18 Mar 2019
World innovation news
Infrastructures and Built Environment
Yhnova – First Inhabited 3D-Printed House
In July 2018, a family of five settled in their new home in Nantes, France. This event was far from trivial. In fact, it was a first worldwide: living in 3D-printed social housing. Is the affordable real estate sector entering a new era after prefab architecture? The two approaches use almost the same logistics, as structural elements are manufactured off-site. In addition, XL 3D printing allows greater formal freedom to industrialized and affordable architecture while reducing the home’s environmental impact.
3D Printing for Responsible Energy Consumption
The house in Nantes, measuring 95 sq. m, was named Yhnova. It has five rooms and is characterized by its organic design and clean lines. Designed as part of the BatiPrint3DTM project, construction began during the Nantes Digital Week in September 2017. Several university and government partners, including the Laboratory of Digital Sciences of Nantes, LS2N (University of Nantes, CNRS, Ecole Centrale, Inria, IMT Atlantique) and the Research Institute in Civil Engineering and Mechanics, GeM (University of Nantes, CNRS, Ecole Centrale) launched this experiment to offer “housing that is affordable, adaptable to the terrain, quickly built and energy efficient,” according to their website.
BatiPrint3DTM is also the name of a design and construction technology sitting at the crossroads of civil engineering and robotics. In addition to the speed and precision in constructing the walls, 3D printing helped create an energy-positive habitat at a lower cost. In this regard, the team estimates that the walls will contribute to “heat savings of around 50%.” What is more, the house cost “approximately 200,000 euros, 20% less than a similar sized construction, built in a conventional manner,” according to an article in Business Insider.
Drawings and Manufacturing
The walls were built inside a hangar. A polyarticulated robot layered a triple-wall insulating and structuring formwork, creating the external walls of the house. The walls consist of two layers of polyurethane foam serving as formwork to a third layer of concrete. The expansive foam provides internal and external thermal insulation. The robotic printer operates with the additive manufacturing method and the material extrusion process.
Two steps made it possible to build a digital model of the house. The first was to draw the geometric representation of the architecture. This work was done by the TICA architectural firm. Thanks to the technical features of BatiPrint3DTM, the creators were able to play around with the inside-outside relationship, offering a view of the landscape without disrupting the wooded area. “The rooms of the home actually span between the trees, at a sufficient distance to preserve the root network, and are interconnected by long curved walls defining a large central living space open to the wooded area,” says TICA architect Charles Coiffier.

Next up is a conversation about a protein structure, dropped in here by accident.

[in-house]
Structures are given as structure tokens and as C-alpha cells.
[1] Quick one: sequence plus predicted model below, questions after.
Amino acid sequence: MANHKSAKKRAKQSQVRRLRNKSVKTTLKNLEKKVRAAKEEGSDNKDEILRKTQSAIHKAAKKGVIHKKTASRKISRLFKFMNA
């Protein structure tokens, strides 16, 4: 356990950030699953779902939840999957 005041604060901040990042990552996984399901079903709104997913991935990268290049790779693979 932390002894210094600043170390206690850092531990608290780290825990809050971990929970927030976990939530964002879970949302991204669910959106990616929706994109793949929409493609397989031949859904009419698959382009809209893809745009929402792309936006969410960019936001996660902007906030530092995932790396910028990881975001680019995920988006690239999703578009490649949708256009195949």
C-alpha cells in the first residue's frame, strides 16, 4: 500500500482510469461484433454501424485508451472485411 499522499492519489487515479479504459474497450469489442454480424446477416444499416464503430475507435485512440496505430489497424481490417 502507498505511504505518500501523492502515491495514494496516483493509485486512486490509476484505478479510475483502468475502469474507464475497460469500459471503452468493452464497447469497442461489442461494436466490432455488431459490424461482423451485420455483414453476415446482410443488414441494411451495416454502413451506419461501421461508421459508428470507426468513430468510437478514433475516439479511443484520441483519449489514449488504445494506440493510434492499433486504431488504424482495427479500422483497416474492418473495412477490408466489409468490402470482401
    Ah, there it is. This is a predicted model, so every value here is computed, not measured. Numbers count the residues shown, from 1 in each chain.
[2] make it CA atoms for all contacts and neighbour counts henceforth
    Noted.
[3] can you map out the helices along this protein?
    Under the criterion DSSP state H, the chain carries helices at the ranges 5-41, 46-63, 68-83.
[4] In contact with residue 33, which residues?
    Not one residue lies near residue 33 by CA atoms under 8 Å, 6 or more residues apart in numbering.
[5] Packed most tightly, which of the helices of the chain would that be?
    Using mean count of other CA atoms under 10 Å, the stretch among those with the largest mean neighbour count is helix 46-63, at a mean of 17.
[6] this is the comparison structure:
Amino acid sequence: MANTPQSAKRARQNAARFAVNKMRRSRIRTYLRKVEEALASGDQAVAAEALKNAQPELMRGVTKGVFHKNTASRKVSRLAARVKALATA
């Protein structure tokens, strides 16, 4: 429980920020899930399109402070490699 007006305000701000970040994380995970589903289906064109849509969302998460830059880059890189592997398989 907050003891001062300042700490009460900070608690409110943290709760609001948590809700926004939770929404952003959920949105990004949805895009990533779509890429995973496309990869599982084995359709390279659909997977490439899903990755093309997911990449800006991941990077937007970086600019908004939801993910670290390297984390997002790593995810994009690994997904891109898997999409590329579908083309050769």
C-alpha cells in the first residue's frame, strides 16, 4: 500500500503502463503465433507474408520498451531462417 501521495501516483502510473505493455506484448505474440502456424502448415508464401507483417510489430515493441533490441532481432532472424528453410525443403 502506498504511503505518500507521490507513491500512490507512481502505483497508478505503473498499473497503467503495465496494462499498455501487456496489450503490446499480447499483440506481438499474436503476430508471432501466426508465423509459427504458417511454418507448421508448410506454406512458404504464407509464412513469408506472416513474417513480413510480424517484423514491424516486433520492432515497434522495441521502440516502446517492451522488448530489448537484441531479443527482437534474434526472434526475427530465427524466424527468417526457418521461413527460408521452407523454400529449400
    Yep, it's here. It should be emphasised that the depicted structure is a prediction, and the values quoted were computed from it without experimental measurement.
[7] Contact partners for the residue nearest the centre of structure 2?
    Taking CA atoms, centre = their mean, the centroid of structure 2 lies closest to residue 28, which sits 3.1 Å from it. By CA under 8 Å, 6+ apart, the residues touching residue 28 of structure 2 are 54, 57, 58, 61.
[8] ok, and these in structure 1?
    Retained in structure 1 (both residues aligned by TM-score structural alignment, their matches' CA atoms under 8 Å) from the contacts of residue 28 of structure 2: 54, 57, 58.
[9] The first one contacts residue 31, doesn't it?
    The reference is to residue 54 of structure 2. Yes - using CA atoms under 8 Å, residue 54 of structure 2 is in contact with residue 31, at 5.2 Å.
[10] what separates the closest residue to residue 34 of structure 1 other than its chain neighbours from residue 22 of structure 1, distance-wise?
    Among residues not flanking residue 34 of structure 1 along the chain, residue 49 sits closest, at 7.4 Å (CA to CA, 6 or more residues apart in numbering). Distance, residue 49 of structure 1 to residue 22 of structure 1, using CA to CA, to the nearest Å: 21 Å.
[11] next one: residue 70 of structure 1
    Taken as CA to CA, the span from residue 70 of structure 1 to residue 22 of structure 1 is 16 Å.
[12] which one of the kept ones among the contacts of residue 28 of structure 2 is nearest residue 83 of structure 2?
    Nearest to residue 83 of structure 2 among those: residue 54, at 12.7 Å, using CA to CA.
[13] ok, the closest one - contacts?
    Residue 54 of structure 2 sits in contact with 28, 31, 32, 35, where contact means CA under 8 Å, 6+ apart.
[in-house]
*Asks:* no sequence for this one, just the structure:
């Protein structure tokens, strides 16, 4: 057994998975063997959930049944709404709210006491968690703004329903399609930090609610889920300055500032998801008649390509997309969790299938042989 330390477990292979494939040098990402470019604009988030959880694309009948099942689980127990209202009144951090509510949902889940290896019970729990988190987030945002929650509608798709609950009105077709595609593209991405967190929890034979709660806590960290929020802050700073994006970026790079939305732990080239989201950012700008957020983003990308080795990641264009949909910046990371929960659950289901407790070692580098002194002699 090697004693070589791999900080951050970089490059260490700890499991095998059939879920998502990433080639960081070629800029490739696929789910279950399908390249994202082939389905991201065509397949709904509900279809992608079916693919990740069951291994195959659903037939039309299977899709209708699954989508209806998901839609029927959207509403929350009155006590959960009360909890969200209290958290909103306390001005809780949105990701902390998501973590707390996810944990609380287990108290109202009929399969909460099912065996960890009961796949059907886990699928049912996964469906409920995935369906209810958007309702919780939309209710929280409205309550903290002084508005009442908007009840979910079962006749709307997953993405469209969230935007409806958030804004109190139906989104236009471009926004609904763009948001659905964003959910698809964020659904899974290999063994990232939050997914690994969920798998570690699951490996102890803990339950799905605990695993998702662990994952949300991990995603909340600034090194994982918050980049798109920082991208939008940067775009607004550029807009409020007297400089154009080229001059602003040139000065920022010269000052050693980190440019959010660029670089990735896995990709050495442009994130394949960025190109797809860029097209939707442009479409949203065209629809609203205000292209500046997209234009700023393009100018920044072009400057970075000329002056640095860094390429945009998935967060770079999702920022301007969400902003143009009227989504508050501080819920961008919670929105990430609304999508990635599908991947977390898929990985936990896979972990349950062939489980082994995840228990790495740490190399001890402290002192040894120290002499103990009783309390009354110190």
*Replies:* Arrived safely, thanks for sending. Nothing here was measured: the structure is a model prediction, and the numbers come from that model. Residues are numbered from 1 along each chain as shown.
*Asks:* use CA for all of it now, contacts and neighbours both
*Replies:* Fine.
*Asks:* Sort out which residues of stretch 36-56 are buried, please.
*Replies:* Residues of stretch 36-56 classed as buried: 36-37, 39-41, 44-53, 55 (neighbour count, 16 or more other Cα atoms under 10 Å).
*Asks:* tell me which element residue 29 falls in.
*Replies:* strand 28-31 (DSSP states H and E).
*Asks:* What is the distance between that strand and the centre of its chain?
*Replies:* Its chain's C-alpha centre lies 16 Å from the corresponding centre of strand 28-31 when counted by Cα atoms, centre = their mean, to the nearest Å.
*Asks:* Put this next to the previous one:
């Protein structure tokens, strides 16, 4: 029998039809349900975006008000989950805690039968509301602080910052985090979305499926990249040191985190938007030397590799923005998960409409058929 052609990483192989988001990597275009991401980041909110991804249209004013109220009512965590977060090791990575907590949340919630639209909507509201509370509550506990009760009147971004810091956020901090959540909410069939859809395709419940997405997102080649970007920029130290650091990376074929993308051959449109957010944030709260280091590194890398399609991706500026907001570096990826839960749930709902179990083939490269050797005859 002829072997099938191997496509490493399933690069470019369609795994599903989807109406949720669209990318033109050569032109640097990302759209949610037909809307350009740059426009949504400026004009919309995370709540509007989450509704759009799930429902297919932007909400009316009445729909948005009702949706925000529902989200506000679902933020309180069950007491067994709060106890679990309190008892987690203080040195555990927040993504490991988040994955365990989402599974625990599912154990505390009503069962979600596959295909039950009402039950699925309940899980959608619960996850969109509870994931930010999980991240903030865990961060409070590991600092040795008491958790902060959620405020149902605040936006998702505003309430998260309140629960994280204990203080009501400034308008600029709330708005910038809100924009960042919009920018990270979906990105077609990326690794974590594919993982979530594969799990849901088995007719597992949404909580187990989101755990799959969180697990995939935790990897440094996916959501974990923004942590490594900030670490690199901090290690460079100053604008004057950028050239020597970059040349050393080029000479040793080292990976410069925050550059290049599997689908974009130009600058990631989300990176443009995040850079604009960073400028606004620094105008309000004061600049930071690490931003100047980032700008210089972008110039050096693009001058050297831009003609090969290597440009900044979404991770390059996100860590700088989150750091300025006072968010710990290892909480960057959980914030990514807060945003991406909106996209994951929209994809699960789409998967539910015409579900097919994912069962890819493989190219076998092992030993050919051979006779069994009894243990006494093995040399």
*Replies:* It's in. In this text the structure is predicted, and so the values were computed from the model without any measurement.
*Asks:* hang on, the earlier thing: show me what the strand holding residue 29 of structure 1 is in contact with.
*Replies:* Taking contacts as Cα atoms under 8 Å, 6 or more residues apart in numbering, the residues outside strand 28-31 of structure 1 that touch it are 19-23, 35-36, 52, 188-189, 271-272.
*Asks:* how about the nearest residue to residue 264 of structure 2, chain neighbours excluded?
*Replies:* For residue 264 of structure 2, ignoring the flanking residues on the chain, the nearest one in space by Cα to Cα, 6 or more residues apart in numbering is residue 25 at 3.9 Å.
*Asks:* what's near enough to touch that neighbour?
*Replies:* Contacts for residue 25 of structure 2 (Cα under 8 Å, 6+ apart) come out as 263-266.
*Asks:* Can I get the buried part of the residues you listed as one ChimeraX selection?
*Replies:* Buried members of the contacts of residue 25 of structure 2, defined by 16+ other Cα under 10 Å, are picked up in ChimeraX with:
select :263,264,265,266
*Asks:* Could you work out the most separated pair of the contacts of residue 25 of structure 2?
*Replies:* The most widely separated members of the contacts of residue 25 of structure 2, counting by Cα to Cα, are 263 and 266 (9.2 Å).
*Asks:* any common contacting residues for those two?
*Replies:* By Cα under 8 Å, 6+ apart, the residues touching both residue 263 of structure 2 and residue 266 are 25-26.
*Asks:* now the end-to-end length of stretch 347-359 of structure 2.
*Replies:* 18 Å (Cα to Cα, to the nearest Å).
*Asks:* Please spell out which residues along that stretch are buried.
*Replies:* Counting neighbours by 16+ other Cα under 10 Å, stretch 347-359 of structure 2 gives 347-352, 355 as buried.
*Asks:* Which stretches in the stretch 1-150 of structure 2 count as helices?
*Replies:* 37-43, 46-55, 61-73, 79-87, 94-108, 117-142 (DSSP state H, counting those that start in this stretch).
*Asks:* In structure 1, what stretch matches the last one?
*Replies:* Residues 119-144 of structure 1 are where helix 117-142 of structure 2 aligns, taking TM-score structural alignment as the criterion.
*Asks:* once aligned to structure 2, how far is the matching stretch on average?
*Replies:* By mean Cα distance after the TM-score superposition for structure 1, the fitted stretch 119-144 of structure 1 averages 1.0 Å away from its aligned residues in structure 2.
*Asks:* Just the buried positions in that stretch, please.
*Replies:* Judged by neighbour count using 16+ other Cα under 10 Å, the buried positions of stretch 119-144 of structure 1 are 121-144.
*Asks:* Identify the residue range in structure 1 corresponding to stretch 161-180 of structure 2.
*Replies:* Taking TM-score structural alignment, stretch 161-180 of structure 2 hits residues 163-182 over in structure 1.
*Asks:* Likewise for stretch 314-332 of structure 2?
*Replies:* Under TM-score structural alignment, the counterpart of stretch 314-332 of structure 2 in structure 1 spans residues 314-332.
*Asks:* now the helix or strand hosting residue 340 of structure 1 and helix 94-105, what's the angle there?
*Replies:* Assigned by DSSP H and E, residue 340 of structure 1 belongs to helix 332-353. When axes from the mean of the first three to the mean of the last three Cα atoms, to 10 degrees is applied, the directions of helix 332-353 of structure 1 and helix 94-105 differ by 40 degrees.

The second step was to design a digital model called Building Information Modeling (BIM). The model “brings together all the functional and physical characteristics of the house,” as shown in the following video (in French only). BIM “allows researchers to define the robot commands and trajectories”.
During construction, the printer was moving along the slab of the construction shelter following a laser sensor connected to the BIM mode. The printing process lasted 54 hours. The team then spent four months completing the roof construction and installing doors and windows. Yhnova is equipped with home automation technologies and detectors to evaluate and analyze the behaviour of the materials, and thermal and acoustic quality during the first year of occupation.
In addition to monitoring, the scientific project will continue experimenting with other constraints. In fact, LS2N and GeM wish to explore new avenues by adapting the BatiPrint3DTM technology to the construction of two-storey habitats, the use of biobased materials, etc.
Hanen Hattab is a PhD student in Semiology at UQAM. Her research focuses on subversive and countercultural arts and design practices such as artistic vandalism, sabotage and cultural diversions in illustration, graphic arts and sculpture.